“right” diagnosis. When it came down to it, I simply didn’t “speak bipolar.”
Even with all my research, I didn’t know what bipolar and all its symptoms meant to me. In part, this is because although there are some broad similarities in our symptoms, everyone with bipolar illness experiences their own symptoms differently, in their own way.
Living with Bipolar vs. Being Able
to Communicate about It
I had lived a bipolar existence for as
long as I could remember. I had trouble getting through the day at school and
stayed home when I could. But this wasn’t enough for Dr. H to write a
prescription for a mood-stabilizing medication. Because I couldn’t talk to my
doctor and help him to understand what I was experiencing, it was harder for
him to give me the most accurate diagnosis.
I didn’t receive the correct diagnosis until
around the time I was posing for my senior picture at the very end of high
school. By then, I was on the verge of a nervous breakdown.
Learning the Lingo to Obtain a
Correct Diagnosis of Bipolar
Then I had a thought: What if I changed the way I talked to the professionals treating my mood disorder? Could I find a way to make them understand what I was going through? I read a lot of books and visited many websites about bipolar disorder, and I became more certain that I was dealing with this illness.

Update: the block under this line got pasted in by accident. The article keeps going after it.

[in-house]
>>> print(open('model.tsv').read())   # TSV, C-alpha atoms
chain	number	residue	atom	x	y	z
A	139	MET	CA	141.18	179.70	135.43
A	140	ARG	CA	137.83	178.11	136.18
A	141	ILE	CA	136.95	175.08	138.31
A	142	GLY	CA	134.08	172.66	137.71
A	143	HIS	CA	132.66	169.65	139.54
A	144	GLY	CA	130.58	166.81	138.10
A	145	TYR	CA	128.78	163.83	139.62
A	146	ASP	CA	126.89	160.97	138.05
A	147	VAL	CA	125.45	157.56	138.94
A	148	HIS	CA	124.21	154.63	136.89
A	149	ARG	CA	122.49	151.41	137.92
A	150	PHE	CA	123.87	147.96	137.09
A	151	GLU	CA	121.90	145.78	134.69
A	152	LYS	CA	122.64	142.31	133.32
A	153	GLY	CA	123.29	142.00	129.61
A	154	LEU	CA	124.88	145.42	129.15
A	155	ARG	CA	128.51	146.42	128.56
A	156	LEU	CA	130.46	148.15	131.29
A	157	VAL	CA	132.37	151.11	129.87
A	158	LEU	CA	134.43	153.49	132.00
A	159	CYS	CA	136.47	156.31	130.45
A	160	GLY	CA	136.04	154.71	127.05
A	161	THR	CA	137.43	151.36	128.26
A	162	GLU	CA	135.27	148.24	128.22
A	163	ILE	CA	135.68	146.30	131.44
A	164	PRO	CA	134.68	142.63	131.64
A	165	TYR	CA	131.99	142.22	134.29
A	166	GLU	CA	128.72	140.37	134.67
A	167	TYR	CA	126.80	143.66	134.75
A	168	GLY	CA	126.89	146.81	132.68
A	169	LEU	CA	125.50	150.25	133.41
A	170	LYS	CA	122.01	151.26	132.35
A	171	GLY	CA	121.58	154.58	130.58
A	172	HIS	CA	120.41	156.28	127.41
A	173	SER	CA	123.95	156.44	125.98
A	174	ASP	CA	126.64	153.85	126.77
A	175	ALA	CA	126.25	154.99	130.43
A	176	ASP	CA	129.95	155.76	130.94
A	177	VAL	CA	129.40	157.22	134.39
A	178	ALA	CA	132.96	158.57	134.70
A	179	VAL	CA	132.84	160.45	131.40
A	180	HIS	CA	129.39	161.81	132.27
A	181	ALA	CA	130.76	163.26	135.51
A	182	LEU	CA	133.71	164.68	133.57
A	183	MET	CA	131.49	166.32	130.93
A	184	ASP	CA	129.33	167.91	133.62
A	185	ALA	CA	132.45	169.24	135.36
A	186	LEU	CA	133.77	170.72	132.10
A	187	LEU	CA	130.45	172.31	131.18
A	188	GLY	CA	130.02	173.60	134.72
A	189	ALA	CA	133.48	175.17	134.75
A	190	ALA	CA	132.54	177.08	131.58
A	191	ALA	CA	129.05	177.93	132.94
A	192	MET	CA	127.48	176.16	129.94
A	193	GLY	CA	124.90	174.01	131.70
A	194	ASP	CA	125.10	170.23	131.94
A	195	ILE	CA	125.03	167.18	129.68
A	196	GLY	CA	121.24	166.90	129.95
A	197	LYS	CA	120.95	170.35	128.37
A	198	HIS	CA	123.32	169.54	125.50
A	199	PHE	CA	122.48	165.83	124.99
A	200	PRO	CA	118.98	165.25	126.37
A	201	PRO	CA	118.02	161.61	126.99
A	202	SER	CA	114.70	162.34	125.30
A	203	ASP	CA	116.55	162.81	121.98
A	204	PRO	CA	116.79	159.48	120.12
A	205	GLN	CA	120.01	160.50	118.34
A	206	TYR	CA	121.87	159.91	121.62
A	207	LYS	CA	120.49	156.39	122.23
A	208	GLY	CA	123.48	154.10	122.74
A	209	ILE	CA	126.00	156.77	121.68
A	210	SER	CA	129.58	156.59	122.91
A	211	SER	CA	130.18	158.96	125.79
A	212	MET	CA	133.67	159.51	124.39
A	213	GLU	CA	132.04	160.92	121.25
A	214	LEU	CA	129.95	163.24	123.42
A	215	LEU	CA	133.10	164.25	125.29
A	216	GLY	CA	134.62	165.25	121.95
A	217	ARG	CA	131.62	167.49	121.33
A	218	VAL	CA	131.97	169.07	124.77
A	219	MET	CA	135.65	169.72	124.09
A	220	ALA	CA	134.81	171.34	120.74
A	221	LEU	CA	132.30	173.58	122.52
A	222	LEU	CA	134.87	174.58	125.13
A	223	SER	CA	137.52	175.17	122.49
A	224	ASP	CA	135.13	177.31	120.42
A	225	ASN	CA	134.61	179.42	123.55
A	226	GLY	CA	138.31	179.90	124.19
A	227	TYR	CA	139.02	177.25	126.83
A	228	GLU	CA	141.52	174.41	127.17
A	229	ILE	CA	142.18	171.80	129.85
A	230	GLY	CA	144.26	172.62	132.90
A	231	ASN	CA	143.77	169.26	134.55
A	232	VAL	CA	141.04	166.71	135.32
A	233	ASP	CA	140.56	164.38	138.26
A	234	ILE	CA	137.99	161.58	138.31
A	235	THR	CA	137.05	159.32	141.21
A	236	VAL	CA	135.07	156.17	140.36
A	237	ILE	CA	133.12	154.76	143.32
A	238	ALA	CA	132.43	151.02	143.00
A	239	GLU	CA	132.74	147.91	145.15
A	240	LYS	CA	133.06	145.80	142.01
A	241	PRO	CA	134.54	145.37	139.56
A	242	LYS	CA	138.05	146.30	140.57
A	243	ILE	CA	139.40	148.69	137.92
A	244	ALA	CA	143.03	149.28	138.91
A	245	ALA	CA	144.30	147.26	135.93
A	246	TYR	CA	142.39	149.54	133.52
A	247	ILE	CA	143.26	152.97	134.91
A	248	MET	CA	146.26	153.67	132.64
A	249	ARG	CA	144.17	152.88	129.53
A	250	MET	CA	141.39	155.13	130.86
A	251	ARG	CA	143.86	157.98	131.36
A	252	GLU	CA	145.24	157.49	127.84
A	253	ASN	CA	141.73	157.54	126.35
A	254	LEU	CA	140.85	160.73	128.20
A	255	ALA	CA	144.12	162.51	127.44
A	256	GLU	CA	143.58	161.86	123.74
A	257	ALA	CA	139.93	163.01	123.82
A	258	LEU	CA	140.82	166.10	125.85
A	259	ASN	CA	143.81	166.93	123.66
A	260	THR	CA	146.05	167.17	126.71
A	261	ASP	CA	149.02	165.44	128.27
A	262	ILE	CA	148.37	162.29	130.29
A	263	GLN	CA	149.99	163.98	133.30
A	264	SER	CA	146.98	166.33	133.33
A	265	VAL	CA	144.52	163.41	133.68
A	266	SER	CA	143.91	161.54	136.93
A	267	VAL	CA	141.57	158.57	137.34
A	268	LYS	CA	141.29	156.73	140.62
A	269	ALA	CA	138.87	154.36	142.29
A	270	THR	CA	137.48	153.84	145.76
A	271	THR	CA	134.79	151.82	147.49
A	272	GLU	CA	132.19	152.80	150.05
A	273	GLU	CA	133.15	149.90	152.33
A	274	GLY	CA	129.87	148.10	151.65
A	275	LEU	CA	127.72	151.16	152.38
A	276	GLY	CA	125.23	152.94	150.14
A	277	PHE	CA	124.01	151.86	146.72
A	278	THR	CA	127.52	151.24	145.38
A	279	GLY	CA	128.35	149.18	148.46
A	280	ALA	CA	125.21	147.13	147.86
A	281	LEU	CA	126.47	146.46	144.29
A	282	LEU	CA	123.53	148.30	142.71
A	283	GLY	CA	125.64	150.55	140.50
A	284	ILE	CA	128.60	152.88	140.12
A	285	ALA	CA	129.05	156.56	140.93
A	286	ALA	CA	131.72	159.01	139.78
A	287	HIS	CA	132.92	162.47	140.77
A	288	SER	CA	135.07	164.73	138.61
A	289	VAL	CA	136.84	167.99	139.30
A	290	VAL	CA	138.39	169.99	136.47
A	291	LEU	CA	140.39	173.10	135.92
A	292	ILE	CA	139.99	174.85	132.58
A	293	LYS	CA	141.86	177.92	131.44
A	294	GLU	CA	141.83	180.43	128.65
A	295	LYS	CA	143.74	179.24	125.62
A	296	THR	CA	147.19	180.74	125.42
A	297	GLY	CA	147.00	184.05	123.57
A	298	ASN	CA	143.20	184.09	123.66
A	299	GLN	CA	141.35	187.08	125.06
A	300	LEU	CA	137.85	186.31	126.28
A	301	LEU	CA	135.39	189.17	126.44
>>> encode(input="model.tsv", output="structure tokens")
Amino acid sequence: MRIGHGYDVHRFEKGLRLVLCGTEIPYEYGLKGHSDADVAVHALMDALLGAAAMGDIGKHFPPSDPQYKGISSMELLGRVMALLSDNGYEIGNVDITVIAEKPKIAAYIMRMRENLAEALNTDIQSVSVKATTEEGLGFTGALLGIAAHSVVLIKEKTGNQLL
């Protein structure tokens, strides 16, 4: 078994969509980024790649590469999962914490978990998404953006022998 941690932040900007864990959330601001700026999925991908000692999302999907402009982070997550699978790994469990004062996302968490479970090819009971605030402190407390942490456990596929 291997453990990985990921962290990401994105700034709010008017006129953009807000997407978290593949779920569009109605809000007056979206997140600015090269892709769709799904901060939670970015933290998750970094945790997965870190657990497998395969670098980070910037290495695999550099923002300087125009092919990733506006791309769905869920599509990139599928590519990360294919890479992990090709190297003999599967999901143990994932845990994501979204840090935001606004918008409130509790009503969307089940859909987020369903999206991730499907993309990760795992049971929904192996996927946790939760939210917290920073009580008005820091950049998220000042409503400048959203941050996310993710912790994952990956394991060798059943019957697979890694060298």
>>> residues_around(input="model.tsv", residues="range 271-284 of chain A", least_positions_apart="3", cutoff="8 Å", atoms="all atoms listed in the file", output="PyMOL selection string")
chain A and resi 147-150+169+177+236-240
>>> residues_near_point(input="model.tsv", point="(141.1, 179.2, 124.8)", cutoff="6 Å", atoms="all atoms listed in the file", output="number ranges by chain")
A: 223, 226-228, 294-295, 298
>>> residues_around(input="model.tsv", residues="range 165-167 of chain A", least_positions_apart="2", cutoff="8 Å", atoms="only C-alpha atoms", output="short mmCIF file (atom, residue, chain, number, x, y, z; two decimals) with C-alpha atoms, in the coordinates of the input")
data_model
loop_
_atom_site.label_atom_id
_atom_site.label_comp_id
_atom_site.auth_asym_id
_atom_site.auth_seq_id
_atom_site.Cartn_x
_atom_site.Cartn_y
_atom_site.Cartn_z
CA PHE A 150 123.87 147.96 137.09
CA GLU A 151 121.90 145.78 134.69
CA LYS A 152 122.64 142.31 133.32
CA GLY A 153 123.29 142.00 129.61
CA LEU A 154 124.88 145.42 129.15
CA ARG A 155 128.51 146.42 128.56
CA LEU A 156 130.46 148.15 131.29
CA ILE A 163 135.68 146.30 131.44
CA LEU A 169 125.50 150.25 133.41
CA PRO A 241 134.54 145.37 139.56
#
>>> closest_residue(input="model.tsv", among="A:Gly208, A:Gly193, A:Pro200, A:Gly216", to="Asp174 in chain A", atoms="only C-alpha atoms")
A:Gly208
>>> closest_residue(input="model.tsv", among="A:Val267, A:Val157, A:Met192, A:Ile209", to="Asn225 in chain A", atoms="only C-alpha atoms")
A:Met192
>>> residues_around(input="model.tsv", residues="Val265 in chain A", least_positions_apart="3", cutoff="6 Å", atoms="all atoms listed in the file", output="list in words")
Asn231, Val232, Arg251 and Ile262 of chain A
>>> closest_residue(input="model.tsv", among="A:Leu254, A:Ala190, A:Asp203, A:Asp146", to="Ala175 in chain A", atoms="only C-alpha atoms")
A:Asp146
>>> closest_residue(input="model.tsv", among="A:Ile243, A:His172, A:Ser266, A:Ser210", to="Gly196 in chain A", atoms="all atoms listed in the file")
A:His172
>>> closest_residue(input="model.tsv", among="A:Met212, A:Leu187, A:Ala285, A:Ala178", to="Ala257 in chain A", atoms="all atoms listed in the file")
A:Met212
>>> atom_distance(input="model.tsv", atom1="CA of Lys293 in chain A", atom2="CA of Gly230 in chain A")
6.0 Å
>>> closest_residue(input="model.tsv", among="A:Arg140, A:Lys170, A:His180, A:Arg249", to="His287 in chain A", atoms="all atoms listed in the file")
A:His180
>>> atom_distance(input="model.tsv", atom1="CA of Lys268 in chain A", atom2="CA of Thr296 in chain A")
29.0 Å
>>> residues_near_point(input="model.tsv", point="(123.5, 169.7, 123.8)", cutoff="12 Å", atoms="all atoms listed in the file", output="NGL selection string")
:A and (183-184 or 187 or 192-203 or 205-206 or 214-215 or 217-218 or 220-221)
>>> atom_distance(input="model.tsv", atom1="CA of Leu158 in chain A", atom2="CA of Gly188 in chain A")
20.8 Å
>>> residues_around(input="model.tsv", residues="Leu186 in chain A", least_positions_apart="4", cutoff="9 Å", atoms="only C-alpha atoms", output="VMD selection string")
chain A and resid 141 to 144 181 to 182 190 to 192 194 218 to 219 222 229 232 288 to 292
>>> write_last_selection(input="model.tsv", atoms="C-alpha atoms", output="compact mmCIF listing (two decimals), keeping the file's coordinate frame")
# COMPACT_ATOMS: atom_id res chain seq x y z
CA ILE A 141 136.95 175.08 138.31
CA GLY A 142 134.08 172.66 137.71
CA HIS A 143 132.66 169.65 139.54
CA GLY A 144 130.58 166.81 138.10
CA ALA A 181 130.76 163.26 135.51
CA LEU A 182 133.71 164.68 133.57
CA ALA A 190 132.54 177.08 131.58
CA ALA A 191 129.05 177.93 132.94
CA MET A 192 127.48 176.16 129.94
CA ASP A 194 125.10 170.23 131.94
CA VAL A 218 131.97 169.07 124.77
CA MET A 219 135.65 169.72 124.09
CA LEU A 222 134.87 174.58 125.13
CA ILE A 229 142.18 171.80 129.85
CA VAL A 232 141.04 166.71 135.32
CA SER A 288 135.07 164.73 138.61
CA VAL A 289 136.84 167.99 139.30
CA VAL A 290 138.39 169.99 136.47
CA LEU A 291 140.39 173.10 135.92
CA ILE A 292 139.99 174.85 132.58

In time, I knew the lingo as well as anyone
could. And I learned that when I can’t sleep or eat or focus on anything, I
need to reach out to my psychiatrist. Bipolar had altered my life, but I
learned different and better ways to communicate with my doctors so they could help
me attack an episode from its onset. The more I learned about my illness and
recognized the symptoms simmering within me, the better I could help my
psychiatrist help me.
Helping My Treatment Team to Better Help
Me Manage Bipolar Mood Episodes
the Same Language
Since my diagnosis, so many years ago, I have
continued to get better at talking to my doctor so he can listen. My doctor is
surely irreplaceable, but he can’t help me unless we are speaking the same
The best thing I can do to help myself is to always be fully aware of my experiences and how the treatments make things better or worse. I need to communicate whether a new medication quiets my symptoms but also whether it has caused side effects. I need to monitor those the best I can to help my doctor take care of me. This requires, of course, being aware of how side effects like tremors and weight gain are affecting my life, and balancing side effects against the effectiveness of the medication itself.
Is a Person & a Partner in My Bipolar Management
I have also realized that my doctor is a
person, above all else. Even if he wants to minimize the damage bipolar (and its